Why swap all the time… let’s check the swappiness!

Since 2003 my system has a linux based SO… and I’m very happy… I took a quick peek at Windows 8 and I’m glad I don’t need it.

But it’s not always a bed of roses.

I got 8Gb of ram in my workstation but sometimes (lot of browser tabs, netbeans, virtualbox, etc) I run out of free ram. The kernel then start to use the swap file. And up to this time it’s all by the book.

It happens, often, to reach quota 6/7Gb but not over that… in these cases the kernel decide to swapout something and I find myself with about 2Gb of free ram and 1.5Gb of swap file… the problem is that at this point my user experience become tiring.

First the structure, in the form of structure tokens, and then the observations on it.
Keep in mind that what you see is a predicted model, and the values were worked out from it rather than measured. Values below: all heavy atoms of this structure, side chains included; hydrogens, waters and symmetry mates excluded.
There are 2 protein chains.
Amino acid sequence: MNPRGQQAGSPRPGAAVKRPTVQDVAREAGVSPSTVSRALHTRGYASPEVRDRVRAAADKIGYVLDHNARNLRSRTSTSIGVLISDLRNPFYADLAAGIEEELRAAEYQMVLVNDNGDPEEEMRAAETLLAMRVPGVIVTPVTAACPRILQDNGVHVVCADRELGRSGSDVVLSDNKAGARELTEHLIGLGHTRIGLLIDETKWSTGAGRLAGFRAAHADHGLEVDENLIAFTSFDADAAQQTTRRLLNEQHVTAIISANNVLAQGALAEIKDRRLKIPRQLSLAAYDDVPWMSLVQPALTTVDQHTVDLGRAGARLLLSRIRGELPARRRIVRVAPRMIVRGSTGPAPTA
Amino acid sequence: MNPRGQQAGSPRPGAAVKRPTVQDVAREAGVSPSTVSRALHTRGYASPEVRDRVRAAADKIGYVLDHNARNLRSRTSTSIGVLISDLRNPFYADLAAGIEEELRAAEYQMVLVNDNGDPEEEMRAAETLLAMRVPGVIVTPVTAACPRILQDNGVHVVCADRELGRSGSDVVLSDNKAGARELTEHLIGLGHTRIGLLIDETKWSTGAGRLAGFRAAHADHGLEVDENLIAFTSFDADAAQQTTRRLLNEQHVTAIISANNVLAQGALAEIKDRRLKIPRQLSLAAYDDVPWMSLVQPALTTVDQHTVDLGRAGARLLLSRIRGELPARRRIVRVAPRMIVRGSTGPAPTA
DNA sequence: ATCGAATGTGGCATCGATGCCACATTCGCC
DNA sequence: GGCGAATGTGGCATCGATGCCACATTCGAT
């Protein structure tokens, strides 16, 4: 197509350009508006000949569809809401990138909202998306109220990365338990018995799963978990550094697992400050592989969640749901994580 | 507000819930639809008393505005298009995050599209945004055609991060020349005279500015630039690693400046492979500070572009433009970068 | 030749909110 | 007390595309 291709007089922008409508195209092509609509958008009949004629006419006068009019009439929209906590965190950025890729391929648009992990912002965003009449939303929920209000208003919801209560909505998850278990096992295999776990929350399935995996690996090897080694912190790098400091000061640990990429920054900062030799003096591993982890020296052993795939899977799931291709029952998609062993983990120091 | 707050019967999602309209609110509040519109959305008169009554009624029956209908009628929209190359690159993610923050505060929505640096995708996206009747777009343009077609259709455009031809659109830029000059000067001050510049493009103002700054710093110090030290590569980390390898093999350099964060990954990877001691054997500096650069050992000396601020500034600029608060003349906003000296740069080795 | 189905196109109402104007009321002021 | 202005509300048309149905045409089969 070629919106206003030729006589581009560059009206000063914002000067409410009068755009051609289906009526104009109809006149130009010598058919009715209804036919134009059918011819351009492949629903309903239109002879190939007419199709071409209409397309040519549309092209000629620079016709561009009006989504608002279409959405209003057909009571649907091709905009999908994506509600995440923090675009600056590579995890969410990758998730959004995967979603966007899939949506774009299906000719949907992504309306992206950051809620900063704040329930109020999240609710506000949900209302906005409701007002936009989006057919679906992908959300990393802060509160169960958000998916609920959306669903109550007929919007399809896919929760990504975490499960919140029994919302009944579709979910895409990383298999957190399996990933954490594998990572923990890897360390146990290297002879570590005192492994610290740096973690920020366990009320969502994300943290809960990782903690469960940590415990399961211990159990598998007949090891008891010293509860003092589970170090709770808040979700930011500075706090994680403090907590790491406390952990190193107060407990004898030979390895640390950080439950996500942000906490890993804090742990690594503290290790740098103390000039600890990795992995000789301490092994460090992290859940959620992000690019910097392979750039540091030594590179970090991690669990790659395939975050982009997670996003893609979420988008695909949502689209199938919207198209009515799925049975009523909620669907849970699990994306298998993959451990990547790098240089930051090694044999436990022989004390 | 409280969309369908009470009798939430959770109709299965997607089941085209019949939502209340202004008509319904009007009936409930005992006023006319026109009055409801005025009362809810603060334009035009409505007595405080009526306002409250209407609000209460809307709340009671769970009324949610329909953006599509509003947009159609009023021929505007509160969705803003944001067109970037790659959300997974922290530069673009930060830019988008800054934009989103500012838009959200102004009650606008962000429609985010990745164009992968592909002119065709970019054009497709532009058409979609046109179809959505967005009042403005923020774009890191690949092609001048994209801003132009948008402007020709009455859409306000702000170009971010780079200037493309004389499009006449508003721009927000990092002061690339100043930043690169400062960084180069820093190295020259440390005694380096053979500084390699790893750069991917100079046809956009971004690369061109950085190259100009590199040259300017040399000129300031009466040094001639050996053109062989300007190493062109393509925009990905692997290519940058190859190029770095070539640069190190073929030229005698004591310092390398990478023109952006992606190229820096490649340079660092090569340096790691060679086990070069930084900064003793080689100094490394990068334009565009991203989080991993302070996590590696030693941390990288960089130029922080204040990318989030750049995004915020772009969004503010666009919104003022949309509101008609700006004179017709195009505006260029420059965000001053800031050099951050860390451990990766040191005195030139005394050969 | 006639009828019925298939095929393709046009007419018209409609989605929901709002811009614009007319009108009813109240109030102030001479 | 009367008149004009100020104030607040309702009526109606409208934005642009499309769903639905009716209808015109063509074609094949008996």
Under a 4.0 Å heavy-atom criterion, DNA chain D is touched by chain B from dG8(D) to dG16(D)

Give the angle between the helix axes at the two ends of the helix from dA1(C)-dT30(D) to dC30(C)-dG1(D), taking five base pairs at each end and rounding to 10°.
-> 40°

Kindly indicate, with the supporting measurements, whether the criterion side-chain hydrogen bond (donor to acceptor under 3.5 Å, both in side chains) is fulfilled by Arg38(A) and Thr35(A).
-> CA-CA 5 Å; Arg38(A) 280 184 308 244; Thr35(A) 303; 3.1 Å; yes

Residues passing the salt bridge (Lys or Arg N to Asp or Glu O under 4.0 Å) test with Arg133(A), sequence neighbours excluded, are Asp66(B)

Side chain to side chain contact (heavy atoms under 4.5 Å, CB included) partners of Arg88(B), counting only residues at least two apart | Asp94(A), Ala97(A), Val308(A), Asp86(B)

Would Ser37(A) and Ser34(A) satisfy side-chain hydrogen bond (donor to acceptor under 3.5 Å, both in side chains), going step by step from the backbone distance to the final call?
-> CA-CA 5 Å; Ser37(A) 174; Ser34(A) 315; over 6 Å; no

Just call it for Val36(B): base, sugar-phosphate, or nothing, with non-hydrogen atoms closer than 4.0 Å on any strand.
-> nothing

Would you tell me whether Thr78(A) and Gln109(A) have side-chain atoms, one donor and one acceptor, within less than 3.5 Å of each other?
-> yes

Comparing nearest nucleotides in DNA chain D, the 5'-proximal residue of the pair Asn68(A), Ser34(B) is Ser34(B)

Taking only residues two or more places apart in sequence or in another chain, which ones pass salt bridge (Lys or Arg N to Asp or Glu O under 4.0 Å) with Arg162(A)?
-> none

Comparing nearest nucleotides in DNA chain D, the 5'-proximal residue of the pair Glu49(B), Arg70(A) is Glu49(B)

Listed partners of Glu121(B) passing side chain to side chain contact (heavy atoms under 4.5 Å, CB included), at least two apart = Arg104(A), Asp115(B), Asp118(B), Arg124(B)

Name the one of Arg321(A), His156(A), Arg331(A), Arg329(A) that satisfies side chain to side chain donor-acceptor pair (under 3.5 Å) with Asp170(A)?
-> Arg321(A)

So I found that the problem regards a certain kernel parameter: vm.swappiness. In Ubuntu it’s default is 60 and the valid range is 0 to 100 (0 means “try to not swap unless is necessary”, 100 “swap whenere you feel like it”). To find out your actual value try this in a command shell:

cat /proc/sys/vm/swappiness

Now… if you want to try a new value you can launch this command:

sudo sysctl vm.swappiness=30

Once you found  the right value for you it’s possible to put this setting in the configuration file “/etc/sysctl.conf”:

# swap tendency
vm.swappiness = 10

To check your configuration you can use this command and watch “si” and “so” columns (“swapin” & “swapout”):

vmstat 1